Two moons align perfectly in a picture from Saturn.

Saturn’s Bull’s-Eye Moons

Saturn’s Bull’s-Eye Moons

Bad Astronomy
The entire universe in blog form
Jan. 5 2016 9:30 AM

When Worlds Elide

Tethys and Enceladus

Photo by NASA/JPL-Caltech/Space Science Institute

When it comes to jaw-dropping and eerily alien portraits of distant worlds, you just can’t beat Cassini.

Phil Plait Phil Plait

Phil Plait writes Slate’s Bad Astronomy blog and is an astronomer, public speaker, science evangelizer, and author of Death From the Skies!  

I can’t stop staring at this picture. It’s ridiculously amazing.


What you’re seeing are two moons of Saturn, Tethys (the bigger one) and Enceladus (the smaller one). The Cassini spacecraft was in just the right place at the right time to see them perfectly aligned, Enceladus superposed on Tethys like rings on a dartboard. And to make it cooler, the rings of Saturn slice across below, backlit by the Sun, dramatic and moody.

The geometry of this image almost sings. The big moons of Saturn orbit the planet in almost exactly the same plane (more on that in a sec), which is also the plane of the rings. Cassini orbits at an angle to that plane, so sometimes it’s above it, and sometimes below. For this shot, it was just below the plane, by a scant 0.34°. If it had been exactly in the plane, the rings would be a straight geometric line one pixel high, cutting across the picture.

But Cassini was below the ring plane by a scosh, so they appear as elongated ellipses. Not only that, but they appear grayish instead of blinding white. That’s because we’re looking at the underside of the rings when the Sun is shining down on them. If Cassini had been above the ring plane, the rings would look far brighter, the ice crystals sending that light more directly toward the camera.

As it happens, while Enceladus orbits Saturn almost exactly in the ring plane, Tethys’ orbit is inclined by a little more than a degree. That’s enough that a superposition like this is pretty rare; from the geometry it looks like Cassini caught it as it neared the “top” of its orbit, when it was above the ring plane.

a closer look at the moons
Zoom and enhance.

Photo by NASA/JPL-Caltech/Space Science Institute


But there’s more. Inset here is a zoom on the moons, with the brightness enhanced. Look at Tethys; see how the “dark” part is actually softly lit? That illumination is coming from Saturn itself; the planet is sunlit and very bright, so from Tethys it would fill the sky and light up the part of Tethys not illuminated by the Sun (the “night side” of the moon). The same thing happens on our own Moon when it’s new, and you can see the “dark” part faintly illuminated; this is called “Earthshine,” and it’s from the Earth lighting up the dark part of the Moon. In this case, it’s Saturnshine!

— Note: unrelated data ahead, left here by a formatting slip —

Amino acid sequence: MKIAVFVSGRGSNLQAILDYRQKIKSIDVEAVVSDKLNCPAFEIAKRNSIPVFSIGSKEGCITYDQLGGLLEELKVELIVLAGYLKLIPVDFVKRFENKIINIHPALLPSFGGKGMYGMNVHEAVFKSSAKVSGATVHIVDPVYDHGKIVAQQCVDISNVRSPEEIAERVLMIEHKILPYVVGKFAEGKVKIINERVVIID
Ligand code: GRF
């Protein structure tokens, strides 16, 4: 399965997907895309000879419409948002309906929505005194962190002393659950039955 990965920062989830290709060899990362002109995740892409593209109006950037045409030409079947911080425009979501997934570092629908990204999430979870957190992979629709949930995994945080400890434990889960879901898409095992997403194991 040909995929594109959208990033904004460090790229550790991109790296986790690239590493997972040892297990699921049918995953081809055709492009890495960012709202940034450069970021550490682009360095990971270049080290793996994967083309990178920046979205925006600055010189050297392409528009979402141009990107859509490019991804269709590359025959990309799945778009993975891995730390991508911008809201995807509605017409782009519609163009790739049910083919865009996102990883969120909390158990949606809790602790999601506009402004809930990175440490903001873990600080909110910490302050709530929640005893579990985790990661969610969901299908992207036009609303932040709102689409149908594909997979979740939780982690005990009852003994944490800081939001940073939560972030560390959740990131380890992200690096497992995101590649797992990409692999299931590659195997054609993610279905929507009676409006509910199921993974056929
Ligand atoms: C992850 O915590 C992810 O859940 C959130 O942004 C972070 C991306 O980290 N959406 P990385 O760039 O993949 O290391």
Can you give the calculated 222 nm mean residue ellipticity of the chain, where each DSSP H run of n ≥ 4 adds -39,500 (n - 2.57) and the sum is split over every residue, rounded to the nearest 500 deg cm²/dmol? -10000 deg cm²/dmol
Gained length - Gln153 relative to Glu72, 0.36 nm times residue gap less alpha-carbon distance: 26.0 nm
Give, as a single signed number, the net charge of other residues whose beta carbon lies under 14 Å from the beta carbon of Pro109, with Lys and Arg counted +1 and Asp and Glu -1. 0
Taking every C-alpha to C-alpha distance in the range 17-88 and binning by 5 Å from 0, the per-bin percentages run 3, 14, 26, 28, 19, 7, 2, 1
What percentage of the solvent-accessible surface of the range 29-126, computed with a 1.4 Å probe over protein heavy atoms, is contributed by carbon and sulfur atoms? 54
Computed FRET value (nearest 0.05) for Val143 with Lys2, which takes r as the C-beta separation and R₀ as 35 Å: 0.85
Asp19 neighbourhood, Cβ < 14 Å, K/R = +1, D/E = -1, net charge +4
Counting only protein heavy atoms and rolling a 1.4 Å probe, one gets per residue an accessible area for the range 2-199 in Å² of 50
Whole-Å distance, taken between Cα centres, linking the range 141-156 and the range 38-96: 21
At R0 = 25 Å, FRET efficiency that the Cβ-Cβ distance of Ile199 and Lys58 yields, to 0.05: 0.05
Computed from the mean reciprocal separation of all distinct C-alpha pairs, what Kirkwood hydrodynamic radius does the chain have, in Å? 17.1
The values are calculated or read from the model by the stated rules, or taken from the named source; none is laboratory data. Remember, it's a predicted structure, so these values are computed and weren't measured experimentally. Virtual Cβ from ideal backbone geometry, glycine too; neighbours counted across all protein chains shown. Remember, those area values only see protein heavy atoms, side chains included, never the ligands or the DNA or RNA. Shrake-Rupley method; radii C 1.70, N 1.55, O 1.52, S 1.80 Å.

But why isn’t the dark part of Enceladus lit then as well? Why is it so much darker? Both moons are icy and extremely reflective; they should both reflect Saturnlight equally well.

I have to admit, this threw me for a few minutes. But then I realized something important: Just because the two moons appear to be close together in the shot (right on top of each other!) they are in fact very far apart in space. Here’s a diagram that’ll help.

Saturn and moons
This took me a while to figure out.

Photo by NASA/JPL/Space Science Institute/Gordan Ugarkovic/Phil Plait

I put Saturn there in the middle, with Enceladus and Tethys in approximately the correct positions (their sizes are exaggerated). The Sun shines from the lower right, and Cassini is way, way off to the left, well outside the frame of this diagram. It was more than 2 million kilometers from Enceladus when the shot was taken; for comparison, the rings are roughly 300,000 kilometers across.


If you were on the night side of Tethys (more or less the upper left side of the circle in the diagram) you’d see Saturn nearly full in your night sky, that immense planet lighting up everything. But from the night side of Enceladus, Saturn would be a crescent, much less bright—and for most of the night side of Enceladus Saturn wouldn’t even be in the sky!

That’s why the night side of Enceladus is so much darker than that of Tethys. Saturn isn’t lighting it up.

Now look, if you have a hard time grokking this, I hear ya: I had to draw myself several diagrams, and in my first try I had the geometry messed up (I put both moons on the sunward side of Saturn, before realizing they were on opposite sides of the planet).

Trying to figure this stuff out can be pretty complicated, and actually a little maddening. But the end product is something wondrous: understanding. Once I got the players all in their right places, the setup of this shot made sense, and I understood what I was seeing.

And that’s the point, isn’t it? I do love the beauty of this image, the seriously spectacular interplay of light and shape.

But once I added the science behind it, the math, the dance of gravity and geometry, the portrait took on a depth—literally—I hadn’t seen at first glance.

It shows, as it always does, that knowing the science behind a photo only adds to its profundity. That, to me, is one of the best things science does.